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Okonjo-Iweala and the World Bank top spot

By Morenike Taire
Apparently, Nigerian female minister and erstwhile candidate for the World Bank presidency is all too accustomed to keeping bad company. A seemingly lone light in the murky waters that most agree government in Nigeria has progressively become, it is becoming funny, to say the least, that Ngozi Okonjo Iwealla always seems to be on the defensive.

First, at the beginning of the year, she had considerable trouble explaining to and convincing Nigerians that the World Bank was not a part of the decision of the Federal Government to remove existing subsidies from fossil fuels being sold in the country.


Eventually getting its way, the government saw its popularity ratings plummet, alongside Okonjo-Iwealla’s. The part she played in the police pension fund probes removed any doubt of her personal integrity, but did not totally endear her to the heart of ordinary Nigerians.

Her nomination to the race of the World Bank leadership was widely supported in the country, but mainly by the cynical and on racial grounds.

Few, both inside and outside the country, doubt that she has the integrity, energy, experience and capacity to do the work, and it was generally considered a race of equals, in which she was qualified as any other candidate. Her submission, during the race, was however stunning.

While she tried to take off her US toga and shrug on the daughter -of- the- soil one, she told the story of how she was born in a Nigerian village. This might have been put down to her running around with politicians. The real surprise was the clear and artless effort she made to use the black ‘n’ female sentiment to arm twist stakeholders into choosing her.

When they did not, she was clearly getting too comfortable with the new activist persona and, most uncharacteristically, she actually congratulated herself before and with more enthusiasm than the eventual winner.

She boasted about how her candidacy has forever changed the process of choosing World Bank presidents, and how she was clearly the most qualified. She forgot completely that she was from a third world country all throughout her so far distinguished career in the institution.

It all presents a little bit as naivety, and one begins to wonder why she appears to always wind up with people  she either has to make explanations for, or to criticize.


IBORI: Culture, first ladies and their liabilities

It might have appeared that he was the proverbial cat with the nine lives, but it was a matter of time before the chickens would come home to roost and justice would be done.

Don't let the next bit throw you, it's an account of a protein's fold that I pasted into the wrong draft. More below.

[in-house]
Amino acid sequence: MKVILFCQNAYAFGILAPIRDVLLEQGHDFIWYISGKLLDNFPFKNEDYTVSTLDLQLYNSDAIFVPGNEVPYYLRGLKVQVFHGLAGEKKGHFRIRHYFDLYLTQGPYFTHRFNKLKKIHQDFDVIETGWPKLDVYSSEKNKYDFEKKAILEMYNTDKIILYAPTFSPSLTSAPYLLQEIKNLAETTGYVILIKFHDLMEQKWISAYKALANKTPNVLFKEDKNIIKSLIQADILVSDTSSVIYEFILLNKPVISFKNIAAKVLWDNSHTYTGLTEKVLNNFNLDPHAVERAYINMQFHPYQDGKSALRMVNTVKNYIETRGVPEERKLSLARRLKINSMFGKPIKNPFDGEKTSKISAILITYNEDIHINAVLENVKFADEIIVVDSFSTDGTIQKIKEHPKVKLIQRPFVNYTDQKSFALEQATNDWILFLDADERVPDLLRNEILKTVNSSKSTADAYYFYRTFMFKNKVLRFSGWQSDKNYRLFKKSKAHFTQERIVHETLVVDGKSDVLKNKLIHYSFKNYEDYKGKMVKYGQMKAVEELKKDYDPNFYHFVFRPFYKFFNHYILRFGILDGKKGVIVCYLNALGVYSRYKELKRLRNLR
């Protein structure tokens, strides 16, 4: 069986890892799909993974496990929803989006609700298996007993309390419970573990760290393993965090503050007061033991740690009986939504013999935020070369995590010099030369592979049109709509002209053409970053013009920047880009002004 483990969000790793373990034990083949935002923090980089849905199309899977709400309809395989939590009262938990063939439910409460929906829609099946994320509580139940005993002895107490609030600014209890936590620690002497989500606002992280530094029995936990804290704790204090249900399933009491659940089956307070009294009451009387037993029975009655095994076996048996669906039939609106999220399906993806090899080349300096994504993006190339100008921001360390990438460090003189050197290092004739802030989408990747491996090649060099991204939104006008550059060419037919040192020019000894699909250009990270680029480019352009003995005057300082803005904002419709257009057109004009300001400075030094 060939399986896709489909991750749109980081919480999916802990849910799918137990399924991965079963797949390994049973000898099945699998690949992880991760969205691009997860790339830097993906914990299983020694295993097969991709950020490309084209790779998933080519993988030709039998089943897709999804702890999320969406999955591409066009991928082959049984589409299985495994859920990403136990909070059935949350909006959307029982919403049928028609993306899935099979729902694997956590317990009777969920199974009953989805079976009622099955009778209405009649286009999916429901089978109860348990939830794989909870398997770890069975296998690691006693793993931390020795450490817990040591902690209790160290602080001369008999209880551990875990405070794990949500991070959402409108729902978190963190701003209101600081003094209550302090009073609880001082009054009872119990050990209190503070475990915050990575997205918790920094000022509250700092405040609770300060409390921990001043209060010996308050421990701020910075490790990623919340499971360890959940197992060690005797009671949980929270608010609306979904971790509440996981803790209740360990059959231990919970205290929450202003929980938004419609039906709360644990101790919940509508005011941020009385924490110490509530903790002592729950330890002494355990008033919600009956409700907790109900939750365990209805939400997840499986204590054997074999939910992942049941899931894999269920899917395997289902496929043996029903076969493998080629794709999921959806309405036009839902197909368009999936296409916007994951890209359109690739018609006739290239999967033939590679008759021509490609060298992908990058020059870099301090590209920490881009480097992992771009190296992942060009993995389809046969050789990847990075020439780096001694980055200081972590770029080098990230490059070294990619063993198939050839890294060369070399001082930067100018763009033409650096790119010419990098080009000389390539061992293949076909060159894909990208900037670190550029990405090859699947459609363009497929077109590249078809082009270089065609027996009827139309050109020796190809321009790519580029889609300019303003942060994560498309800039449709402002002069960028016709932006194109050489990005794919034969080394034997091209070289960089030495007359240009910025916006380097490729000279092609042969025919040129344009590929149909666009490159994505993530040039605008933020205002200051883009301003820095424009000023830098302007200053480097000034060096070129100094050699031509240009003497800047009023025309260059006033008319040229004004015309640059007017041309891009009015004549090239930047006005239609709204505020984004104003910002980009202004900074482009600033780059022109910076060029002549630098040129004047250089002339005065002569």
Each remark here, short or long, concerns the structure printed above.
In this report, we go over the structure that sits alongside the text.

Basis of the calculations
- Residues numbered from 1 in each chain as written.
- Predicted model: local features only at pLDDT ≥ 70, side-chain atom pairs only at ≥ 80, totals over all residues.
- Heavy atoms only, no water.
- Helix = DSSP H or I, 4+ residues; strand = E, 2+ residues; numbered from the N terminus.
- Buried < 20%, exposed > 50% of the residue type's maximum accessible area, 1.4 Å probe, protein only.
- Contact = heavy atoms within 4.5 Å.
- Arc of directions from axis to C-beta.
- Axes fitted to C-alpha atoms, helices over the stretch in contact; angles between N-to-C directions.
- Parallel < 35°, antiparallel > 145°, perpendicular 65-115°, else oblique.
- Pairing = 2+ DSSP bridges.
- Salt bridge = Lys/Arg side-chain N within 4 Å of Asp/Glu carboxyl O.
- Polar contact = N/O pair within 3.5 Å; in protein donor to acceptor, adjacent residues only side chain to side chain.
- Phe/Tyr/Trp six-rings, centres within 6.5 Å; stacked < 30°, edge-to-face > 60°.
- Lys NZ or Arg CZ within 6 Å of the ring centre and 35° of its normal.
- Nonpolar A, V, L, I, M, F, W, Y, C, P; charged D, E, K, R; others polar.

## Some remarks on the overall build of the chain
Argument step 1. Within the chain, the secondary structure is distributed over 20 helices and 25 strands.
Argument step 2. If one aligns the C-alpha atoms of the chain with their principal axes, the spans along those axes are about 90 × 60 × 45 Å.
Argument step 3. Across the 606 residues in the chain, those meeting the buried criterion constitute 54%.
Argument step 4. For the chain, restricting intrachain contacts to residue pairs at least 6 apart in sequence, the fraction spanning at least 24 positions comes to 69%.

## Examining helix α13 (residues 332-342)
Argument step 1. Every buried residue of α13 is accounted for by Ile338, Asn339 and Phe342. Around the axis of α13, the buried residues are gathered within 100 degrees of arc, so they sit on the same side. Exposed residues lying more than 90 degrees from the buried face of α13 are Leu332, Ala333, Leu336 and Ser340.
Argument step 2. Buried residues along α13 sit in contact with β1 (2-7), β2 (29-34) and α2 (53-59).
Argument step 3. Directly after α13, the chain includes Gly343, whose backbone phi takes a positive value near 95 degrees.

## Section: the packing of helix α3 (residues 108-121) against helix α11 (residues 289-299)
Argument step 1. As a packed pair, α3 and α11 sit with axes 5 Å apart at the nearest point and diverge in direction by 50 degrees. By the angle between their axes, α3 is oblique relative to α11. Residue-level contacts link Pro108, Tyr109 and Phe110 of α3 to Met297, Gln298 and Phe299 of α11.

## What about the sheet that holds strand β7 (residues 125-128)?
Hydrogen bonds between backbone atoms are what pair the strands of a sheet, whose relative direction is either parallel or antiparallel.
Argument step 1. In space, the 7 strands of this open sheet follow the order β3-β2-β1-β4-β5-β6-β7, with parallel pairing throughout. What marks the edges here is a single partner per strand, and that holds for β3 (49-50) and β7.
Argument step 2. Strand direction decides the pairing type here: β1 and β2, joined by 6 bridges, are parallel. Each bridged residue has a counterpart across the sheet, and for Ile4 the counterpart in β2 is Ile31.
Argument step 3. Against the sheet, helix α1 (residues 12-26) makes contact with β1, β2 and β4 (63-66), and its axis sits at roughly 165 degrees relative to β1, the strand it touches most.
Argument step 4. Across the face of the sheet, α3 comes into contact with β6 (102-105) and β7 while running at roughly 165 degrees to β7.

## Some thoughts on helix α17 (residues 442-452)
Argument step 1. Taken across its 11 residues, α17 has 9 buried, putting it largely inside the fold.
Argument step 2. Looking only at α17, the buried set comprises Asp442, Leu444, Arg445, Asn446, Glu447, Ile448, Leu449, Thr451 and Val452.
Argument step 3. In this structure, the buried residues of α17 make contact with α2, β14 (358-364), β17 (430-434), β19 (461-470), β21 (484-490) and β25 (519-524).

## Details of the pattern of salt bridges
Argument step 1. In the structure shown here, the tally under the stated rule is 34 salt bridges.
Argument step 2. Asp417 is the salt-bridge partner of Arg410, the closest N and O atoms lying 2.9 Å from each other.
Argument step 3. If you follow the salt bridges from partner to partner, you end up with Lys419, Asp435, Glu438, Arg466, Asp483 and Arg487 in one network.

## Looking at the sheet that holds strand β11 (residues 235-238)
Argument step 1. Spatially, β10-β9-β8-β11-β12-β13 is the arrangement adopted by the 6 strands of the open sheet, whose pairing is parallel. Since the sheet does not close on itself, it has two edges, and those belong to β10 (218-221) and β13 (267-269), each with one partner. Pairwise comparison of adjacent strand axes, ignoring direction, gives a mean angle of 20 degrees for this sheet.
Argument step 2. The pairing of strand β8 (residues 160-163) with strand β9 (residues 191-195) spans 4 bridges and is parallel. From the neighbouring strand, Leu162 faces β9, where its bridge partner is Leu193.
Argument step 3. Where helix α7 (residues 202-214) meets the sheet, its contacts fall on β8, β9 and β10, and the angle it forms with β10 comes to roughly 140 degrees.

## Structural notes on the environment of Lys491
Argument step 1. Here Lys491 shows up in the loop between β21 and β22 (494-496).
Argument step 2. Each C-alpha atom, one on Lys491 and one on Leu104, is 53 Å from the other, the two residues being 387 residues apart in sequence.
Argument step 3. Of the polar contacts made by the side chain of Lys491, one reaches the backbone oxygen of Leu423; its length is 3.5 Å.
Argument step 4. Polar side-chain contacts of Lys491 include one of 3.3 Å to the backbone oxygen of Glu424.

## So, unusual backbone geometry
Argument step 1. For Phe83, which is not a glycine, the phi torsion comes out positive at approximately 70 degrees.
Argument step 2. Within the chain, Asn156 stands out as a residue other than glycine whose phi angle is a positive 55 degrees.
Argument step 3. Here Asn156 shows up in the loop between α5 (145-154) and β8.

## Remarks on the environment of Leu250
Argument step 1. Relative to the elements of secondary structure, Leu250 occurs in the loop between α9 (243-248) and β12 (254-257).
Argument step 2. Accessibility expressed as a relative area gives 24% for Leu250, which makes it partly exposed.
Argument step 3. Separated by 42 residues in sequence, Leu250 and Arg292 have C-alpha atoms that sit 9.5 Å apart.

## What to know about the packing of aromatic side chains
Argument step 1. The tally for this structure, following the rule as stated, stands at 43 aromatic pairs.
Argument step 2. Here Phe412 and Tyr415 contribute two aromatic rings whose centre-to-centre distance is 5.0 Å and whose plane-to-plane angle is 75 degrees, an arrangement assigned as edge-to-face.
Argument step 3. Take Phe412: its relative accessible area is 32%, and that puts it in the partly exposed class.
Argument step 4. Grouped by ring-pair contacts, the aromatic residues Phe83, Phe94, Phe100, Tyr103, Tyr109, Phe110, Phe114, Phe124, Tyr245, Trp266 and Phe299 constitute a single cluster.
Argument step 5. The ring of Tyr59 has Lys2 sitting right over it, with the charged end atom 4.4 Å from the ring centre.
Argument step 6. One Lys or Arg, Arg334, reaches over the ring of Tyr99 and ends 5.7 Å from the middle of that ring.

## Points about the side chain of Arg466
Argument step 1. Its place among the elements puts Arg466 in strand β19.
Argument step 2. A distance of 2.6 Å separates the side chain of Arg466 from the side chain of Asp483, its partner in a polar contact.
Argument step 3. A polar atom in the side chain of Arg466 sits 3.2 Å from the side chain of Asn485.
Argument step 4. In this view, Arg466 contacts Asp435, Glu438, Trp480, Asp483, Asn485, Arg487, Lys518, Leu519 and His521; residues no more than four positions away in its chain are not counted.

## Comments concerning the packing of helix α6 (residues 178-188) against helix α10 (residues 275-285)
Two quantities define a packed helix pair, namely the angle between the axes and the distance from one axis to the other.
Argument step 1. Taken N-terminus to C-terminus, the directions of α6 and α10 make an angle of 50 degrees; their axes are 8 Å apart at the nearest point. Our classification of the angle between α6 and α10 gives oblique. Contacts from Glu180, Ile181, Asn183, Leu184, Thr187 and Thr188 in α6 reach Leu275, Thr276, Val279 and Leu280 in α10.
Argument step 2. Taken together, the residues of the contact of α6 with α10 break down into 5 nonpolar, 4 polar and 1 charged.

A lot has been said  and written about the culpability of the Nigerian judiciary, which had failed to either prosecute former Delta State governor James Ibori, or to have him removed from the State house on account of having been prosecuted before. In actual fact, we are all culpable, ignoring the fact, as his English prosecutor said, that we had a governor and ex governor who was a “petty thief living like a millionaire”.

His wife, however, was another matter, and brings to mind the trial of the widows of Osama bin Ladin, he of the dastardly acts. In the sub Saharan Africa and Islamic cultures where women are subjects to their husbands, it is really difficult- sometimes rather unfair- to hold women culpable for acts their husbands made them to commit. It is a lesson to women from the third world that they, as well as their revered husbands, have to pay the price for following bad cultures

Women leading africa-trend or fluke?

Last week, former British Prime Minister John Major, alongside Booker prize winning Nigerian writer     Ben Okri, predicted that the sheer adversity in the continent of Africa will eventually be the push that will cause the leap in major development and accelerate development on the dark continent.

This might be the case in the area of gender and leadership The tiny West African country of Liberia beat many first world countries to producing a female candidate at the presidential election and going on to vote her into the State House. The ascendancy of Malawi’s Joyce Banda might have been unprecedented, but the African continent is throwing up more women heads of State than any other, and that is something.


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